NUMBER OF BORDERS: Borders are the strips of fabric that are added after the blocks (and sashings) are put together. They appear on the outside edges of the quilt. Quilts often have multiple borders. Enter the number of borders on the quilt.
FABRIC PATTERNS, STYLES, MOTIFS, OR PRINT CATEGORIES USED IN QUILT TOP: Choose all the types of prints that are used to make the quilt top.
QUILT TOP MADE BY: Enter the name of the person(s) who made the quilt top.
QUILTED BY: Enter the name of the person(s) who quilted the top.
CITY: Enter the name of the city where the quilt was made.
COUNTY: Enter the name of the county where the quilt was made.
STATE: Enter the name of the state where the quilt was made.
COUNTRY: Enter the name of the country where the quilt was made.
HOW WAS QUILT ACQUIRED BY OWNER: Choose the best description for how the owner acquired the quilt.
QUILTMAKER'S REASONS FOR MAKING THE QUILT: If the quilt was made for a specific purpose, choose the reason from the list.
QUILT WAS ORIGINALLY DESIGNED TO BE USED AS: Choose how the quilt was originally used.
Bedding, daily use
QUILT IS PRESENTLY USED AS: Choose how the quilt is being used by the present owner.
QUILT TOP PATTERN SOURCE: Choose where the quilt maker found the pattern for this quilt.
Commercial/Published source: Pattern
COMMERCIAL SOURCE NAME(S): If you know the commercial name of the pattern used for this quilt, please enter it. This may include books, magazines, newsletters, pattern companies, computer software programs, and kits.
Mary McElwain Quilt Shop
ANY ADDITIONAL NOTES OR STORIES ABOUT THE QUILT'S DESIGN OR MATERIALS SOURCE: Describe anything about the design of the quilt that wasn't already recorded in a previous field.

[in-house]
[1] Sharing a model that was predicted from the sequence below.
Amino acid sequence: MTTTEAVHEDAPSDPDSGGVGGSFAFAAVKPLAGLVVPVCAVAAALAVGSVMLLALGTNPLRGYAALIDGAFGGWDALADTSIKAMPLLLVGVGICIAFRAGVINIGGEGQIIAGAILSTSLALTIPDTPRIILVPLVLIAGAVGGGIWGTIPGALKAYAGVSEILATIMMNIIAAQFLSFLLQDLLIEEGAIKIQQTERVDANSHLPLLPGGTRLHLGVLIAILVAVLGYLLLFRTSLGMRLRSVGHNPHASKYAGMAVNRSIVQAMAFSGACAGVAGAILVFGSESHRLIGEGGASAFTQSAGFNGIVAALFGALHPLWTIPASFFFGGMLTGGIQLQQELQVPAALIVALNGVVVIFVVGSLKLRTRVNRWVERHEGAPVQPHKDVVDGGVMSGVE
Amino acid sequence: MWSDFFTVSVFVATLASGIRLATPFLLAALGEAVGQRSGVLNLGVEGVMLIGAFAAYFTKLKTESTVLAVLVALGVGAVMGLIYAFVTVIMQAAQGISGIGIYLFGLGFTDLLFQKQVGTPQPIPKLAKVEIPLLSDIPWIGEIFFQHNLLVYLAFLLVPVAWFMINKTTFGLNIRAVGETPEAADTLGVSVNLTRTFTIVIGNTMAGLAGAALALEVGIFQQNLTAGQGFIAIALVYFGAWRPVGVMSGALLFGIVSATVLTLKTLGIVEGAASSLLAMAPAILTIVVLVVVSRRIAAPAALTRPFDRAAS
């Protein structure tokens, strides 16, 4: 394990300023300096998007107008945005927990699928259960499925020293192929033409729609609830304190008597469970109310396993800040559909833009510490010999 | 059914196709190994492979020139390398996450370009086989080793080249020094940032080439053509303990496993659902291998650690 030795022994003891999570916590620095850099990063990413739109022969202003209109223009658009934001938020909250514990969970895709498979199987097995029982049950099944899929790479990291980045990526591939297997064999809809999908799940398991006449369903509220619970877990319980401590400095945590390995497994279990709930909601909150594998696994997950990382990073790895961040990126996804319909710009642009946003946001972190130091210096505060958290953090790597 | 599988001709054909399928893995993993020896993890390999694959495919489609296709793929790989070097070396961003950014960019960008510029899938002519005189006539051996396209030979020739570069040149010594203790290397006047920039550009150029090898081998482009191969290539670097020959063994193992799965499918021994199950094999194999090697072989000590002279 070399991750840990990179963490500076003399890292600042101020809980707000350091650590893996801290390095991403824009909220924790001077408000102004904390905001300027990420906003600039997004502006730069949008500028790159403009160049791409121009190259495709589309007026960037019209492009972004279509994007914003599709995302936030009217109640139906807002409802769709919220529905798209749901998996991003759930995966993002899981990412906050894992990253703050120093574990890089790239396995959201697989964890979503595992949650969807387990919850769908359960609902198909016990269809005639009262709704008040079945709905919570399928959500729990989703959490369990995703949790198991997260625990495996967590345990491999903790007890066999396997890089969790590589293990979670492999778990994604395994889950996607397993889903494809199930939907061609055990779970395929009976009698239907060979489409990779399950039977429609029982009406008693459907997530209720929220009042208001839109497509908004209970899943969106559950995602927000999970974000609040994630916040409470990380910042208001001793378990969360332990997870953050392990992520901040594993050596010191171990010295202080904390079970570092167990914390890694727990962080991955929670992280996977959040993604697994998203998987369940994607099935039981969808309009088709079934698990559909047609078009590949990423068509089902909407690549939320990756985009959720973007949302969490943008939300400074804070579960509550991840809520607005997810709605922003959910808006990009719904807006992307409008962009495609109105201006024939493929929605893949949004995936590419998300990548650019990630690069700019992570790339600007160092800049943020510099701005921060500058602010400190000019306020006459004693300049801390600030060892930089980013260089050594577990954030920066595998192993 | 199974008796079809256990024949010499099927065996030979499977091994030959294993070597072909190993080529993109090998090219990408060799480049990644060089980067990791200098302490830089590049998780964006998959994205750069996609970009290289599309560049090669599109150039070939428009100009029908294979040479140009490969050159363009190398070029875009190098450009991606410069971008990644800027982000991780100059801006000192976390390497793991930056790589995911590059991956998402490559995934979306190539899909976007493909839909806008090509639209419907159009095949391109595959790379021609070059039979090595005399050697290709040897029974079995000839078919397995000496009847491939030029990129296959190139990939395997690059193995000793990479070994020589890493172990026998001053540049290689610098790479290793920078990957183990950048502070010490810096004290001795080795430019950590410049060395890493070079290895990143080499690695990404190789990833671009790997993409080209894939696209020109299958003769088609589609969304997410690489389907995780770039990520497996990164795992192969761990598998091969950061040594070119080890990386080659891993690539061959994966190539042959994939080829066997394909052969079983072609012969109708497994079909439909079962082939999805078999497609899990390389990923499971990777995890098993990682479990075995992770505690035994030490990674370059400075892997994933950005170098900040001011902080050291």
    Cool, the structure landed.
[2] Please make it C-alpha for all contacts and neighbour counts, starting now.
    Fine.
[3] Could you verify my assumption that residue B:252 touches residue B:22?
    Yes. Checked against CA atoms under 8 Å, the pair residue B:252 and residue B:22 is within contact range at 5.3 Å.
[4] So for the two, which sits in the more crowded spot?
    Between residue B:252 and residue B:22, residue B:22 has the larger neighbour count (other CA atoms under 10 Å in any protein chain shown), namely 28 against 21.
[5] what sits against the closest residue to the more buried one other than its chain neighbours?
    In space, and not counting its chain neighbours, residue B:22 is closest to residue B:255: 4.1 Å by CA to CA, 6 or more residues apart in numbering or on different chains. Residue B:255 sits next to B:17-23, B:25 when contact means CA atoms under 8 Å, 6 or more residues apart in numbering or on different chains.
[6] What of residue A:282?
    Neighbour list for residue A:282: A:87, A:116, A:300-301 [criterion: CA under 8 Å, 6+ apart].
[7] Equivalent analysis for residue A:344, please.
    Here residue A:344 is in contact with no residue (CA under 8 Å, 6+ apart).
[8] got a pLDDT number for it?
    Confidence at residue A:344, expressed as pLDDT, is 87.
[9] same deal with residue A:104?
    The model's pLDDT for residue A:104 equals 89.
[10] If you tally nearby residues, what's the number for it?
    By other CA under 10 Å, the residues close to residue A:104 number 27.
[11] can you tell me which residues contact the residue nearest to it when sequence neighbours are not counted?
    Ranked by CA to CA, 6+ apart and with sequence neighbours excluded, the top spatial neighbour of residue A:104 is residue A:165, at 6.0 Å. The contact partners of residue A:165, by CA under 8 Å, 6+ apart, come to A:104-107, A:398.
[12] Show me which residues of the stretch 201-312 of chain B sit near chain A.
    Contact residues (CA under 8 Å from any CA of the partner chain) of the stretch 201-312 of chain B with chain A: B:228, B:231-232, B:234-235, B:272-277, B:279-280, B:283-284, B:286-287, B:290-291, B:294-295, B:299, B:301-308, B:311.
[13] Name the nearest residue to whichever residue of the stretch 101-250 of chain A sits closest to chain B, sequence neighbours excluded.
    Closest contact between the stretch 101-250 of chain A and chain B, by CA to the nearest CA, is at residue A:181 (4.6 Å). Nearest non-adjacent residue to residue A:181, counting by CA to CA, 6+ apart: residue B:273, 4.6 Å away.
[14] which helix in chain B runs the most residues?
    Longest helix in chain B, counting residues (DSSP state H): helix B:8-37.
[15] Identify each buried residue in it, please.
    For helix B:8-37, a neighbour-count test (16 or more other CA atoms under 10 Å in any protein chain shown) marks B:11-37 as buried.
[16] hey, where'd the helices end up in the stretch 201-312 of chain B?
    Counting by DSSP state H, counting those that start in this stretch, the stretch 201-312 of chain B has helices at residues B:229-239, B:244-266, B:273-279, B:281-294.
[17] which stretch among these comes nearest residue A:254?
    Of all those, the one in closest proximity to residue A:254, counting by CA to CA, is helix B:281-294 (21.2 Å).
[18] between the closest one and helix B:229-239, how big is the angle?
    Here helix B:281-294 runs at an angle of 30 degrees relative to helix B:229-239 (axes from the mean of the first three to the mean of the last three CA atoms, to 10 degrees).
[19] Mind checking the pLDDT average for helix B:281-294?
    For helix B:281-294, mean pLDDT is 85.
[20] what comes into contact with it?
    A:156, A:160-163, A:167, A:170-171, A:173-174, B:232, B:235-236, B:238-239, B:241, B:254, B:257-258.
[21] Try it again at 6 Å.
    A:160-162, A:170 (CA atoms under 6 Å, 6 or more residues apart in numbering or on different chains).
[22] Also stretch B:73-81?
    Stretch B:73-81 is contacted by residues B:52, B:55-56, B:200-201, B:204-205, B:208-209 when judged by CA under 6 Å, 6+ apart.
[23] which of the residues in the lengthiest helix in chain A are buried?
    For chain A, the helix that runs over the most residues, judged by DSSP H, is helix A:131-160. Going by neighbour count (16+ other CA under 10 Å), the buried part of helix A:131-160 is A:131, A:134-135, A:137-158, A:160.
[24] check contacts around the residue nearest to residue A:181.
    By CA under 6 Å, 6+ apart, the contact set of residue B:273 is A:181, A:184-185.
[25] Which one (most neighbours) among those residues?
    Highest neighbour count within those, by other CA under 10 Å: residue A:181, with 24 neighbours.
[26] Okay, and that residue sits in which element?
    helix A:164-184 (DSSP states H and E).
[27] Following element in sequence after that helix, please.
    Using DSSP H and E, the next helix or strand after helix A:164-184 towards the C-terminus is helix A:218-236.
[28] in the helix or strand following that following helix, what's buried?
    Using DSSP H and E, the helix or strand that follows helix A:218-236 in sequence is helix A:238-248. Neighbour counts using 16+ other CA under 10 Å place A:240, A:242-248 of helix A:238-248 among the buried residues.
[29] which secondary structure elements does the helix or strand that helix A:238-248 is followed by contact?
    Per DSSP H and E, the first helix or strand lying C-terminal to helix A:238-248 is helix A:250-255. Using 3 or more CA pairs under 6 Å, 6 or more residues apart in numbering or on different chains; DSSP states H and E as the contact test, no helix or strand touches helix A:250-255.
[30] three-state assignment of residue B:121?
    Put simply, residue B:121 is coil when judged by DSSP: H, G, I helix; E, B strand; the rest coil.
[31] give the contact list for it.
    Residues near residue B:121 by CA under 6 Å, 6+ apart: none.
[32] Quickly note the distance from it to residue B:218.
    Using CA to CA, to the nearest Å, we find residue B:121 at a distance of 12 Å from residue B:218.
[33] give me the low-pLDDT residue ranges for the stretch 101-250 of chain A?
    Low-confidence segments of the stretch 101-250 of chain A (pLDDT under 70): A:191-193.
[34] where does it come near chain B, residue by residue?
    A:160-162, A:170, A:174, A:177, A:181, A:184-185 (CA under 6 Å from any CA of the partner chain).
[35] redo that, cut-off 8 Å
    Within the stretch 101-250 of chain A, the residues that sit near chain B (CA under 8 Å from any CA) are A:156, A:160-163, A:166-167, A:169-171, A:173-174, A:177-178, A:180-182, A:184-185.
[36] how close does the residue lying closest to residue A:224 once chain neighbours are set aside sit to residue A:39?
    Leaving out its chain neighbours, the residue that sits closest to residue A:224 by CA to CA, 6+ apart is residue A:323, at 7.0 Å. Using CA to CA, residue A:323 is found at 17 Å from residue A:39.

Pattern appeared on Lockport Mills Inc., of Lockport, N.Y. batting inserts. Called Quilt of a Thousand Prints the "pattern [was] furnished through the courtesy of the Mary McElwain Quilt Shop, Walworth, Wisconsin." The wrapper is undated. The McElwain 1936 catalog offered Quilt of a Thousand Prints as a pattern or as a finished quilt, but not as a set of cut fabric pieces (a kit). It is a mystery exactly how and when Gasperik came to make this top. The top appears to be pieced from die-cut pieces of many different prints, but the kit would also have included solid black squares and solid green squares - to form the sides of the criss-crossing 'paths'. It would also have included red squares to mark the centers of the crossed paths. Locating such a kit will help determine when and from what source Gasperik could have constructed this quilt top. After 1930 many different companies offered kits of a similar design, including the die cut pieces.
Alternate names for this quilt design include Steps to the Garden and Steps to the Altar. A Steps to the Flower Garden quilt made by Wisconsin quilter Zoe Johnson Roth looks quite similar to the Gasperik top. Information about Zoe Roth can be found on page 125 of Wisconsin Quilts: Stories in the Stitches.
OTHER RELATED ITEMS: List other materials that exist about this quilt like oral histories, wills, diaries, or patterns.